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8.7: Lesson Thirty-one

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Suffixes Spelled <en>

1. You have seen that we have two suffixes spelled <er>: One adds the meaning “more” to adjectives: The adjective calm plus -er becomes calmer, “more calm.” The other changes verbs to nouns with the meaning “one that does”, so a teacher is one who teaches and a computer is something that computes.

When two different words or elements are spelled the same but have different meanings, they are called homographs. The base homo+ means “same”, and the base graph means “letter or writing.” So homographs are words or elements that have the same letters or spellings but different meanings.

Because homographs look the same, it can be easy to overlook important differences in what they mean. Homographs remind us that we always have to worry not just about sounds and spellings but also about meanings.

A good example of homographs are the different suffixes that are all spelled <en>. There are five of them. We'll discuss three in this lesson, the other two in the next.

2. -en^1 “more than one.” Long ago the English sometimes used -en to form plurals just as we use -s today. Only three words still have the old -en plural: oxen, children, and brethren.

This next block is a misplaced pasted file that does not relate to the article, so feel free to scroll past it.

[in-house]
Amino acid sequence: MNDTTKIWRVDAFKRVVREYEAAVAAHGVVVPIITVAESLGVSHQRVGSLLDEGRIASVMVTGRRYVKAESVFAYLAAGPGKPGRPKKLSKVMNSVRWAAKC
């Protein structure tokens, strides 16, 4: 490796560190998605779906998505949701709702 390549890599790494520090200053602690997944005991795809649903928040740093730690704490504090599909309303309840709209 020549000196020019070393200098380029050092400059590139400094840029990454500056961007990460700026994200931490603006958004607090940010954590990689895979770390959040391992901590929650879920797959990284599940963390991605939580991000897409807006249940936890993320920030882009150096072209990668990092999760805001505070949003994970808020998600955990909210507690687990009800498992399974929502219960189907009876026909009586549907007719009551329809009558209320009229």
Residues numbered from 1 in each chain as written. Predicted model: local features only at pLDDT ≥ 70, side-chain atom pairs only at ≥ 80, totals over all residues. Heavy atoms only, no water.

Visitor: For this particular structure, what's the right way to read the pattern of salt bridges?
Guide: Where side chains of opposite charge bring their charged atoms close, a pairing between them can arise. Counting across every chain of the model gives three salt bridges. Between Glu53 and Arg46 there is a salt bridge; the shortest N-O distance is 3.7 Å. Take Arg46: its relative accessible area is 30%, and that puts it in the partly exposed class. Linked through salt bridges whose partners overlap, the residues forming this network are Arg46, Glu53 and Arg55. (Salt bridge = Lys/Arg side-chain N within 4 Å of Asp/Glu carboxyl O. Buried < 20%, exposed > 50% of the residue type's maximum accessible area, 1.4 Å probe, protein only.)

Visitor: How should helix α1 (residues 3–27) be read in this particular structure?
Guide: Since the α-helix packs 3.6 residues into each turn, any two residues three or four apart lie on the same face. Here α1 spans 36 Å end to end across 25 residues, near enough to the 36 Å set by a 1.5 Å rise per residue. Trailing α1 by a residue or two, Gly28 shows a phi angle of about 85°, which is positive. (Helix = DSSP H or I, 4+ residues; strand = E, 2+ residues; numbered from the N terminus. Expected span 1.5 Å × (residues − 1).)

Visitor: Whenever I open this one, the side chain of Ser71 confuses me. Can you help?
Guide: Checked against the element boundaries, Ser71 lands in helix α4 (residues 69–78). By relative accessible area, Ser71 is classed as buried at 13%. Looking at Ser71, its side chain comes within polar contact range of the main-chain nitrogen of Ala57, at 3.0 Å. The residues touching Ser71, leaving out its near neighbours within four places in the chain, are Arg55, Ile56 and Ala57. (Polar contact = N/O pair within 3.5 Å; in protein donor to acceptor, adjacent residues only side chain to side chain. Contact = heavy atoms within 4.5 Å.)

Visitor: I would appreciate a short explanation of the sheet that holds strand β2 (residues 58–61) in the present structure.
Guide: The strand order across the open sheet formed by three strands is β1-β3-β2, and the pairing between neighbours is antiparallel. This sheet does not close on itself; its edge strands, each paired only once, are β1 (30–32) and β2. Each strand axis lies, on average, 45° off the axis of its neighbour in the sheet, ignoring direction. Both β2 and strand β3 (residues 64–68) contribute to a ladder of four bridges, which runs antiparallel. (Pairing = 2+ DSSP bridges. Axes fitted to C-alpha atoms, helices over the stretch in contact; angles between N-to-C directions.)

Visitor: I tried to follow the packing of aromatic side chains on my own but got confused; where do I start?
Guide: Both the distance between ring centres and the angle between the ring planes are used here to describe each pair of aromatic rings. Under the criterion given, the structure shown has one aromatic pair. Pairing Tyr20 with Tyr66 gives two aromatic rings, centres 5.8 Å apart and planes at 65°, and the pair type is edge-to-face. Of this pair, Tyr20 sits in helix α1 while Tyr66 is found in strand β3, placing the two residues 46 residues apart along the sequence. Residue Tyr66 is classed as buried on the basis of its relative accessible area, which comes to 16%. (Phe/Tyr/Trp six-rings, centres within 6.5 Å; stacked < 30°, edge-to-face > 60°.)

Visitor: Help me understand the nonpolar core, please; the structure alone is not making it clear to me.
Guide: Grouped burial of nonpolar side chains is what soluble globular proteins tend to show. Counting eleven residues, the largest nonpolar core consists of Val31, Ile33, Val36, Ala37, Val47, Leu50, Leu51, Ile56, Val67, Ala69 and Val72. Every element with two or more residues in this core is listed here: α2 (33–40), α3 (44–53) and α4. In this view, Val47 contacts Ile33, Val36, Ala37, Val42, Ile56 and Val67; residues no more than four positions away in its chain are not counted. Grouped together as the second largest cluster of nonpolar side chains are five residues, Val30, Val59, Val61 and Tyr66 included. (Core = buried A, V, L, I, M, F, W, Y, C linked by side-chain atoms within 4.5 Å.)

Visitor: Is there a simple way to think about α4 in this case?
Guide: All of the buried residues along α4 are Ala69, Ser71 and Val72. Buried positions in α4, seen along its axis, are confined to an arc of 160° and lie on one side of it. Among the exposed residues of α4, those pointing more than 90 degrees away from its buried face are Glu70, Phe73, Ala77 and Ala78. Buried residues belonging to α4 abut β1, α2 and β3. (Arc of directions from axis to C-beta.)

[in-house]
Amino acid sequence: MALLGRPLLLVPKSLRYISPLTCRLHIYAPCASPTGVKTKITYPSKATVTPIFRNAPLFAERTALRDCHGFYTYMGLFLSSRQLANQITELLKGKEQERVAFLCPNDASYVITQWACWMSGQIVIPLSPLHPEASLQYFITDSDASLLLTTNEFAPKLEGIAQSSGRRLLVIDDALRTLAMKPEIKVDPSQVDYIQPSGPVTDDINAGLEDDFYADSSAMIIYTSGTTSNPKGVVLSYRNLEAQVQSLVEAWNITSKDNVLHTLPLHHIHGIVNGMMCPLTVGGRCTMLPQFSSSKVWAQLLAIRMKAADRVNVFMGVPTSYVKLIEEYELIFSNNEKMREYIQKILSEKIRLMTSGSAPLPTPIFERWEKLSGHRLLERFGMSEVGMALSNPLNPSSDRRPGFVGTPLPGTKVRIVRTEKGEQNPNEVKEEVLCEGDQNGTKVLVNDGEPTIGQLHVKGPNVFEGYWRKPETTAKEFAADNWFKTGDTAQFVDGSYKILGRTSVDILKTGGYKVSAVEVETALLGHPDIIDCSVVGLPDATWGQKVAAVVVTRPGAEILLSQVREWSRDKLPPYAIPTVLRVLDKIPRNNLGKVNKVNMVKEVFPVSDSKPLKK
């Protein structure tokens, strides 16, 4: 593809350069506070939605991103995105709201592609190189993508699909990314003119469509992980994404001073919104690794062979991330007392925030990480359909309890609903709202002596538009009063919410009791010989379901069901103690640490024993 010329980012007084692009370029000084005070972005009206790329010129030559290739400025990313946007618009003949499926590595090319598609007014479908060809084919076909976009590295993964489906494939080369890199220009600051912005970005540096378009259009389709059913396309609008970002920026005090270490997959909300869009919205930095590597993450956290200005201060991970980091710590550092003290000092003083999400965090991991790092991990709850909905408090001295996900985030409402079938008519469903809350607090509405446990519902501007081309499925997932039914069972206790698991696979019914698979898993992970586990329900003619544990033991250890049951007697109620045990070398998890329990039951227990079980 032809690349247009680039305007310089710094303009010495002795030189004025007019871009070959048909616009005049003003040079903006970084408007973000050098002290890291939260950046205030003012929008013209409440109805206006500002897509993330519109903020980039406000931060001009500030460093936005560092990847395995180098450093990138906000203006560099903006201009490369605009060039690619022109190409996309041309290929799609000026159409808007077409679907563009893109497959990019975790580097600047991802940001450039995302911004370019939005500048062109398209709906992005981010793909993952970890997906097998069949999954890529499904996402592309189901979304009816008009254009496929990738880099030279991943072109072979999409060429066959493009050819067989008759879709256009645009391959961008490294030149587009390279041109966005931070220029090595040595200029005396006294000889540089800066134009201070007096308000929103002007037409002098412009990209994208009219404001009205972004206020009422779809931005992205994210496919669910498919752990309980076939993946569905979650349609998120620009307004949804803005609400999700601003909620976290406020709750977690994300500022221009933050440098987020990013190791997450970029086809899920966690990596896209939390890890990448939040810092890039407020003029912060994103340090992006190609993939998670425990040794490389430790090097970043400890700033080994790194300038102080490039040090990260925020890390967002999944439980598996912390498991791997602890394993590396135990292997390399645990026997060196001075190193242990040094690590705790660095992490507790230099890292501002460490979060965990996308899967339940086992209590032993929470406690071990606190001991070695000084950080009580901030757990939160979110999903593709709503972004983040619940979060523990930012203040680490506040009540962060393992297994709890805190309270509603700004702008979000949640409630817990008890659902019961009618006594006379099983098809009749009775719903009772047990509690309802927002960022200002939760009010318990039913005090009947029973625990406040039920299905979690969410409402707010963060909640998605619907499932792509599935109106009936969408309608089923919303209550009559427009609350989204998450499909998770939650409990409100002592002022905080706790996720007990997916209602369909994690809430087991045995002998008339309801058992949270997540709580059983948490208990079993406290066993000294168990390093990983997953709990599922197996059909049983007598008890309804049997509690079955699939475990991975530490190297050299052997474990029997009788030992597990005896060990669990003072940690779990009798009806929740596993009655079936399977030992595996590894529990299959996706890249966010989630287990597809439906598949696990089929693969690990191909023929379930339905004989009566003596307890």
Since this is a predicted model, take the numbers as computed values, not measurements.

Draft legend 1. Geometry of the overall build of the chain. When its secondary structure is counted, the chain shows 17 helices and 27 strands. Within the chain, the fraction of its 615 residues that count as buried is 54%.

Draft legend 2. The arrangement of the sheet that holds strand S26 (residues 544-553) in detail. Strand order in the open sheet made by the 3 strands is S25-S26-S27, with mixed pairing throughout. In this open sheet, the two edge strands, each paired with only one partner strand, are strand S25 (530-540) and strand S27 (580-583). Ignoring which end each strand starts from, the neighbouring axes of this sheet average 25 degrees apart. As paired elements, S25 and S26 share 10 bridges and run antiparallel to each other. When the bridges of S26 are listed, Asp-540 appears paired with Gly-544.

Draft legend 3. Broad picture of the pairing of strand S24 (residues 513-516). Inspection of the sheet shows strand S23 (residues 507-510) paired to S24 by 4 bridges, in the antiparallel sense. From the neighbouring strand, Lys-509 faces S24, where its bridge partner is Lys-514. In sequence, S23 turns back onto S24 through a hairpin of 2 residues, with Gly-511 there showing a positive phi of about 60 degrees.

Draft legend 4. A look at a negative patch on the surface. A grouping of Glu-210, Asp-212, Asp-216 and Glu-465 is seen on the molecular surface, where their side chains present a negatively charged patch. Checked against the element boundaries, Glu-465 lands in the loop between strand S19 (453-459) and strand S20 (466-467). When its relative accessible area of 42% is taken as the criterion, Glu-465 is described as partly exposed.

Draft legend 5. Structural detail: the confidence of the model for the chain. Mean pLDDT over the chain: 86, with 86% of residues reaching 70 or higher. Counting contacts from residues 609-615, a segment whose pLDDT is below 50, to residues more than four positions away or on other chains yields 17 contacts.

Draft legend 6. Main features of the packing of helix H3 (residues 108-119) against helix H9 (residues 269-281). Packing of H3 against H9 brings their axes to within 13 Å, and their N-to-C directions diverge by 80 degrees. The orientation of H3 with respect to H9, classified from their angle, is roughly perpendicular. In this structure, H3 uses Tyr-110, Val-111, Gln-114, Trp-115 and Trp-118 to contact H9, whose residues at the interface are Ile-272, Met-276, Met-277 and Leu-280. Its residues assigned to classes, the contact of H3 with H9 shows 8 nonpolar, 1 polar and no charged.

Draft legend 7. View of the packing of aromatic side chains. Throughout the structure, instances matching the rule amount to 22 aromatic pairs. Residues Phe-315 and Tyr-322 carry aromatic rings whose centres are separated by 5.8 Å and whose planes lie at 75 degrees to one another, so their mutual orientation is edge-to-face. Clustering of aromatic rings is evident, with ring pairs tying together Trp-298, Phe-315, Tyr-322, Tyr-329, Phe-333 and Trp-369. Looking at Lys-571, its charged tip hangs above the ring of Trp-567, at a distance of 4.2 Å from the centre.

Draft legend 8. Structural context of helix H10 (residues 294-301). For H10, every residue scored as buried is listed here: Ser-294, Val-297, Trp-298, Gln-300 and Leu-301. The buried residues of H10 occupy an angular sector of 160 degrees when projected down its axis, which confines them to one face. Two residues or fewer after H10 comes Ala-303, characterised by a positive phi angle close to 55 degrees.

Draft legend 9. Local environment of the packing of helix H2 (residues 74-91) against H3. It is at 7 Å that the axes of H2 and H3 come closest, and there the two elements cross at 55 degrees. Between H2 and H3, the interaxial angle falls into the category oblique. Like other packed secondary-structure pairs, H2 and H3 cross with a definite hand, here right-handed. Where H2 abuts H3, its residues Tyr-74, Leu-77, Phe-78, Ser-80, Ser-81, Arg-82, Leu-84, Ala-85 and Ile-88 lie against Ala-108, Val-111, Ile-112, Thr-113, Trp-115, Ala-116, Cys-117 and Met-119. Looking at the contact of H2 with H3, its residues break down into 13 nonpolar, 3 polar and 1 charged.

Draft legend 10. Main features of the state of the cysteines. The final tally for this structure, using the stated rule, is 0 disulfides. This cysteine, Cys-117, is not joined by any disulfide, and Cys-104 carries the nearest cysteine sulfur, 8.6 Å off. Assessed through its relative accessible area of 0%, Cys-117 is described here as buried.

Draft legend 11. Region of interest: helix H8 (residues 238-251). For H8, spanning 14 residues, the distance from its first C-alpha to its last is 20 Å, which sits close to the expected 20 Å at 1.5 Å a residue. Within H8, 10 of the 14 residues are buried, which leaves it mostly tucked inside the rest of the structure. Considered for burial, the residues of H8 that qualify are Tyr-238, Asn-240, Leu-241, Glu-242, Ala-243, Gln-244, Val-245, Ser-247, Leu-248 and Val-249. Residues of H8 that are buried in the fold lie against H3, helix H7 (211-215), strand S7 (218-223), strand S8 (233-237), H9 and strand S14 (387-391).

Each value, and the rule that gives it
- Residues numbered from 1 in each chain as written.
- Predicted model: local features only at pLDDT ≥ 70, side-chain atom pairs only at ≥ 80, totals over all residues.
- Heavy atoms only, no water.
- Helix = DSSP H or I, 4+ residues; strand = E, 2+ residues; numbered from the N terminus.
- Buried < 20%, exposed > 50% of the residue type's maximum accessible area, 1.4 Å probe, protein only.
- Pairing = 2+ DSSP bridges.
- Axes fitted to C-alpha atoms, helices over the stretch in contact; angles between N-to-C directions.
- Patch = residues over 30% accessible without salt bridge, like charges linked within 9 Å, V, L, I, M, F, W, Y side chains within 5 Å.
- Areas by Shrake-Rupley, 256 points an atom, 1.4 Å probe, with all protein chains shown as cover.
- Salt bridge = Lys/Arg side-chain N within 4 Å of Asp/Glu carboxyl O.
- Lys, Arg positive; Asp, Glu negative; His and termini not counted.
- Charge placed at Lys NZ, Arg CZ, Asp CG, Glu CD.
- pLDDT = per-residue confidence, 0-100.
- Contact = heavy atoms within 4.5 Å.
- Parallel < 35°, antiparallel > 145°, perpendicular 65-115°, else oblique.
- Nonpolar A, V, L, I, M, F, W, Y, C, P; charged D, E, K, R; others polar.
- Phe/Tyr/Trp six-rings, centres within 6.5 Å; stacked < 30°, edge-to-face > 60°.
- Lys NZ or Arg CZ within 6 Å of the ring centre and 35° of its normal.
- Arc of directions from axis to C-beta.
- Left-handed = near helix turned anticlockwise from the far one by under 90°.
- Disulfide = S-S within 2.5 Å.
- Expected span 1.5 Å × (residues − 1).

3. -en^2 “consisting of.” This suffix turns nouns into adjectives: The noun wax plus the suffix -en gives us the adjective waxen.

One way to describe a noun is to say that it is the name of a person, place, or thing. Another way is to say that it makes sense when we put it into the blank of this sentence: “The____________seemed okay.” Any word that makes sense in that blank is a noun. For instance, “The gold seemed okay.”

An adjective is a word that describes or identifies a noun. Any word is an adjective if it will fit into this blank and make sense: “The________thing seemed okay.” For instance, “The golden thing seemed okay.”

Adjective = Noun + Suffix
golden = gold + en
waxen = wax + en
waxen = earth + en
earthen = wood + en
woolen = wool + en

4. -en^3, turns adjectives into verbs. For example, the adjective bright plus -en gives us the verb brighten.

The following are three different ways of describing a verb:

1. A verb is a word that changes its spelling and pronunciation to show a change in time: “Yesterday it seemed okay” vs. “Right now it seems okay.”

2. A verb is a word that shows action or a state of being.

3. Most verbs will make sense in one of the following blanks:

“They___________okay.”

or

“It_____________ okay.”

Verb = Adjective + Suffix
brighten = bright + en
darken = dark + en
deepan = deep + en
fatten = fat + t + en
flatten = flat + t + en
harden = hard + en
lighten = tight + en
moisten = moist + en

5. Now try some the other way around, showing any changes:

Adjective + Suffix = Verb
sad + d + en = sadden
sharp + en = sharpen
short + en = shorten
sick + en = sicken
soft + en = soften
straight + en = straighten
sweet + en = sweeten
thick + en = thicken
tight + en = tighten
tough + en = toughen
weak + en = weaken
wid\cancel{e} + en = widen

Teaching Notes.